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Comment Re:Fast Food Advertising = Negligent Maiming? (Score 1) 625

You may think that spouting populist rhetoric makes you seem clever. Mostly it makes you sound as though you are as simple as the masses it is meant to sway.

And Budweiser is sponsoring the soccer world cup, I don't believe they meant saying that beer is good for playing soccer.

Anyway, I did not meant to sway anybody, I just get a bit pissed when I hear (in Europe) about plans to increase taxes for "bad" food. I can handle it and I do not see why I should pay extra when I indulge myself a McHamburger. I hope I compensated the bad stuff in there by doing multiple sports, not smoking or drinking alcohol.

Should the law really take away all self-responsibility? The next step would be that the government forbids living, because people tend to die from it.

Comment Re:Fast Food Advertising = Negligent Maiming? (Score 1) 625

Sorry but I for one NEED high calorie stuff else my weight would go down too much. It is not bad food as long as you do enough to compensate with physical activity. So in my case Mc&Co are doing me a service.

Then again, you could also blame me for increasing my carbon footprint by using up excessive energy when I sport, walk stairs, walk at a brisk rate, in general doing stuff which uses up the most energy. Ever seen how obese people are wonders at energy conservation? Slow body movement with the least amount of acceleration of their limbs. We should send them to Africa to teach the locals how they can save food with efficient body movement.

Anyway, I am now off to apply for financial support to buy food to compensate for my excessive calorie usage, I am sure it is a disease.

Comment Re:I'm almost cool with this (Score 1) 625

Yes that is okay, to help a disabled person walk again. It is okay that the community pays for his medical treatment because we all profit to have a functional member in our community again.

The difference with the "fatties" is that you send them on a treatment for 3 weeks, they do lose 10 kilogram (20 pounds in old currency) and after they get back from their expensive treatment is takes about 3 weeks for them to add those 10 kilos again. (I always marvel how well they can manage their bodyweight, upwards).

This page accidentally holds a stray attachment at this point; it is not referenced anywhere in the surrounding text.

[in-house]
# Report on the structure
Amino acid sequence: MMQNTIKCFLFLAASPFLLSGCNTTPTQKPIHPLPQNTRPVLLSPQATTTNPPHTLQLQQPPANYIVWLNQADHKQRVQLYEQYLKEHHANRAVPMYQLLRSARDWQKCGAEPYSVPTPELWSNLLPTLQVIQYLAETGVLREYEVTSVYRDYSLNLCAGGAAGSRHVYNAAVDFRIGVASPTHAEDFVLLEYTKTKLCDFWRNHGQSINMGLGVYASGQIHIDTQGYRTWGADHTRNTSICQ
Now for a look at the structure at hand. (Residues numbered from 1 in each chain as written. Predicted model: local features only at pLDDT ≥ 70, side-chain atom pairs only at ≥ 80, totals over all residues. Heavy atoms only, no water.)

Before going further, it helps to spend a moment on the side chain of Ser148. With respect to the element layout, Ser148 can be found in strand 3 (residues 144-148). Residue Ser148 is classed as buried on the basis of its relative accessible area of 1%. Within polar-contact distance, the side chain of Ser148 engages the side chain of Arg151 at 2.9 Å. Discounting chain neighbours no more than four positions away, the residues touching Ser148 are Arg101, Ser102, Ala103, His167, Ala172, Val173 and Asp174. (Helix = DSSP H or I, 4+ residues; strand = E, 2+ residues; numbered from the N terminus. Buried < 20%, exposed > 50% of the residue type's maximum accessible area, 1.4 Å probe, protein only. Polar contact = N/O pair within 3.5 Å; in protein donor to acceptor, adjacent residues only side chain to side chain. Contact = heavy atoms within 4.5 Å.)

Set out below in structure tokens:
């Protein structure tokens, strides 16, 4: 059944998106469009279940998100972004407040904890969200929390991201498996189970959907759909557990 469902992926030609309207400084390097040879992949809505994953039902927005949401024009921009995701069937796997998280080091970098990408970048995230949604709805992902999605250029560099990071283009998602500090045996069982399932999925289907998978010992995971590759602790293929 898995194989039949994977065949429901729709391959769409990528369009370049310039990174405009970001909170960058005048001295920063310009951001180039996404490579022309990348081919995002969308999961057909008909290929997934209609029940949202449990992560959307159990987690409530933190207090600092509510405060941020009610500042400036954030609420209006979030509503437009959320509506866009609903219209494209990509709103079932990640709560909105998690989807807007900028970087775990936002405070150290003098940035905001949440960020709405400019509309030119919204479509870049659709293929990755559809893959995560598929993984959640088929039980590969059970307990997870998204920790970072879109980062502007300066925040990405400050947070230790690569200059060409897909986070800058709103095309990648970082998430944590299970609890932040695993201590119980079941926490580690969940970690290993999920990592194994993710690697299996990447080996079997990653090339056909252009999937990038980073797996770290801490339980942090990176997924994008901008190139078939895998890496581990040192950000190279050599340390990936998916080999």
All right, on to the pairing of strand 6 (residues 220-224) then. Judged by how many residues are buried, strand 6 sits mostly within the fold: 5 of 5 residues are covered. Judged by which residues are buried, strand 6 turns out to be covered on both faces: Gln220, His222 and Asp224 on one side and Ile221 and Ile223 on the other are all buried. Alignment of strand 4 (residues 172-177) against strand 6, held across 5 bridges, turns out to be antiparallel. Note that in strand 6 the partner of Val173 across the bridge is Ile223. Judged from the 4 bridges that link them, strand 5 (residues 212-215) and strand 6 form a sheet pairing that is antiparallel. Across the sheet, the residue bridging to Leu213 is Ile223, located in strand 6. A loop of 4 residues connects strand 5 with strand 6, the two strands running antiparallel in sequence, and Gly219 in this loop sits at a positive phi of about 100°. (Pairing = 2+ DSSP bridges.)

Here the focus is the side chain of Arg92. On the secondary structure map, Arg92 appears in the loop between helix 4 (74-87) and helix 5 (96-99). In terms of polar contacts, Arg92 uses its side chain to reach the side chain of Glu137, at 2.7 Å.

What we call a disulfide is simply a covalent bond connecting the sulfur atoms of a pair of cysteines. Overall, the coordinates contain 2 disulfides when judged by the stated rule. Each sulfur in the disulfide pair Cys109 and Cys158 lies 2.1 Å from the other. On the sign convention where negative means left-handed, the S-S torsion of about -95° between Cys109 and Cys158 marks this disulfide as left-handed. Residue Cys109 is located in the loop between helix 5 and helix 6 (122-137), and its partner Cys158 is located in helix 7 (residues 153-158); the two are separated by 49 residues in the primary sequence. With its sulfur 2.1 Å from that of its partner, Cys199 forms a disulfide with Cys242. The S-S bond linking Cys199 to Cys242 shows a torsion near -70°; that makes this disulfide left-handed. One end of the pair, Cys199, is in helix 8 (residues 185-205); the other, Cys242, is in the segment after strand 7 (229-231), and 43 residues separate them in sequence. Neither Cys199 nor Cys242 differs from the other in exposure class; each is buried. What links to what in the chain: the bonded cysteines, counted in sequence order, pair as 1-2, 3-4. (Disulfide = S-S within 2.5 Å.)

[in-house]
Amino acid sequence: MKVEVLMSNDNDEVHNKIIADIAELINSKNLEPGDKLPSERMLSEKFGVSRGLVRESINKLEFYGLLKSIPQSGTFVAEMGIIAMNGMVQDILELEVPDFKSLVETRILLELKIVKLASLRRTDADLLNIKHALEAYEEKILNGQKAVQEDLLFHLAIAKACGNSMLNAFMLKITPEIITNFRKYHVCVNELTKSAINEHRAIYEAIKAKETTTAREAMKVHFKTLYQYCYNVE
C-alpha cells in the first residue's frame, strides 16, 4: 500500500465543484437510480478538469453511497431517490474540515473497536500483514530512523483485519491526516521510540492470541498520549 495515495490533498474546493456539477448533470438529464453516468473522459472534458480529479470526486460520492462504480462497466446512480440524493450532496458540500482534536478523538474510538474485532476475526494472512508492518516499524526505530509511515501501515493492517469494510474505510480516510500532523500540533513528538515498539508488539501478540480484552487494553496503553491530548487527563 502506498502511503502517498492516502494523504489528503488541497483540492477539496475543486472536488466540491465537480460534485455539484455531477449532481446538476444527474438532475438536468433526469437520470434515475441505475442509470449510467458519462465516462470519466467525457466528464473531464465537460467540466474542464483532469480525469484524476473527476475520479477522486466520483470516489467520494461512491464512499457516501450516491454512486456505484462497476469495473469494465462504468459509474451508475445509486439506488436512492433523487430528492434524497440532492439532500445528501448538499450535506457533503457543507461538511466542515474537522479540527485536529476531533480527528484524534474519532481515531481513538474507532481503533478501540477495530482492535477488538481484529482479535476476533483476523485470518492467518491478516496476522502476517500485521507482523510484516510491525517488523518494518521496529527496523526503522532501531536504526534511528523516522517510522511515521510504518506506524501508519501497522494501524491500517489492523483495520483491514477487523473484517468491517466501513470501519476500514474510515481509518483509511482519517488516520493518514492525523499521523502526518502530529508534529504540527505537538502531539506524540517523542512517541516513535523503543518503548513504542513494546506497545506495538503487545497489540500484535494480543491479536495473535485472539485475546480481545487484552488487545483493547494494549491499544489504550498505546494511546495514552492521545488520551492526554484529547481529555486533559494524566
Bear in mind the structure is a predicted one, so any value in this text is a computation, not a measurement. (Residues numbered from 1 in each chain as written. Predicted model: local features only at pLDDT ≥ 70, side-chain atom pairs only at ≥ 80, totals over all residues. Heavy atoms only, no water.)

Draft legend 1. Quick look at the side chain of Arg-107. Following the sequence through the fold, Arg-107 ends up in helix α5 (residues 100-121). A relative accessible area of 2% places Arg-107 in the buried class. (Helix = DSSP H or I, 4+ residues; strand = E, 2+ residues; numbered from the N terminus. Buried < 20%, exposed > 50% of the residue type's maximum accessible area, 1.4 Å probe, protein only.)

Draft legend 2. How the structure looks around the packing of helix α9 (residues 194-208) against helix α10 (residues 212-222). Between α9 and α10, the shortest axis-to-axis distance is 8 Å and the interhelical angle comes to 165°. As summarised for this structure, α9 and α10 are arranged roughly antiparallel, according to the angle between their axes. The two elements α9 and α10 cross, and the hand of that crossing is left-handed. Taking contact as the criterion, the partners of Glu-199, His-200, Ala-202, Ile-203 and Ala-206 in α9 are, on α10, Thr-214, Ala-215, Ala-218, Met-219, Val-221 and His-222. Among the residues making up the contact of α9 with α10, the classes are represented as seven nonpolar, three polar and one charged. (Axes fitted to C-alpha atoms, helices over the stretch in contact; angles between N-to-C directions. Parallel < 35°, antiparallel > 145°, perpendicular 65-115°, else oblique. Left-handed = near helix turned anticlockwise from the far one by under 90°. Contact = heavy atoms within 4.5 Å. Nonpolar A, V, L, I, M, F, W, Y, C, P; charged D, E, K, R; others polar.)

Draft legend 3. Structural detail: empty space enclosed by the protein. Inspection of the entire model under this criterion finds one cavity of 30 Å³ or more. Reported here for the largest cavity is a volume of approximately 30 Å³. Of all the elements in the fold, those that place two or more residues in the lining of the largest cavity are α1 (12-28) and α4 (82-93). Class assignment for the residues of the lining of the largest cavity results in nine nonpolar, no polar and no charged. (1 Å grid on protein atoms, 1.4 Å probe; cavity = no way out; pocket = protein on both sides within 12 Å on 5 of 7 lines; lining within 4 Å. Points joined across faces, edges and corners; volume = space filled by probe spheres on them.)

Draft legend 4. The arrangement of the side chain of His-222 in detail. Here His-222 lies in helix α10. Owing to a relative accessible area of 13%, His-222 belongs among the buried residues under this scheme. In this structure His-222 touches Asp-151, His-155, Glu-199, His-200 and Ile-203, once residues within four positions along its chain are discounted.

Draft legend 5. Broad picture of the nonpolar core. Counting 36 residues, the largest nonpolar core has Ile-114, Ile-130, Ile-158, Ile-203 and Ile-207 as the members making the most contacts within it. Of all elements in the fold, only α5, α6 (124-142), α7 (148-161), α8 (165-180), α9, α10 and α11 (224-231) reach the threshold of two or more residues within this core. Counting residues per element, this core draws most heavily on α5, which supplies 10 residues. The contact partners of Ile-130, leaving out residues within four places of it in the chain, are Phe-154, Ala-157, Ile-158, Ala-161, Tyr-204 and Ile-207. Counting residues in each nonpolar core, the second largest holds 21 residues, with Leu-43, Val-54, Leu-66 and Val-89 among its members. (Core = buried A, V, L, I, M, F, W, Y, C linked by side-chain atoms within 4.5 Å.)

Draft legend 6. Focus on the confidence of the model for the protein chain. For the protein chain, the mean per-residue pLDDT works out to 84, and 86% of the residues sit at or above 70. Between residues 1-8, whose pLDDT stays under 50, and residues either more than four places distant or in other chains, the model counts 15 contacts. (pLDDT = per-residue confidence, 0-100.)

Now take the guy who learned to walk again, what are the chances that he will cripple his own legs again with a big metal bar as soon as the doctors are not looking? I would say practically zero, same as the amount of fatties with a thyroid condition. So I have a problem with fatties who choose this life style and expect at the same time that the surrounding community is supporting him/her with that. Think of medical care, special infrastructure, early disabled because of secondary complications, etc.

Just because food is not classified as a drug it doesn't mean you can't say it isn't an addiction. Should we expect the same protections for crack addicts (who chose that life style) when they apply for a job in a kindergarten?

Comment Pedophiles and terrorists first (Score 5, Interesting) 800

The car would of course make an online crosscheck to the economic value of the potential targets. And check their medical records in case somebody is terminally ill, you yourself included if a wall is an option too.

I, for one, would start car pooling with lots of small children inside. With a big enough critical mass of children I would even qualify for green lights, just for me!

That said, you can calculate how fast the politicians would add "features" (like with ISPs and mandatory website filtering) which would automatically upload a secret white lists and black lists into your car.

I am guessing here:

White list: Nobel prize winners, The Pope, politicians and multinational CEOs.
Black list: The no-fly list from the US.

I wonder if we would be allowed to make a personal priority list for your own car. For example, to take out mimes and lawyers first.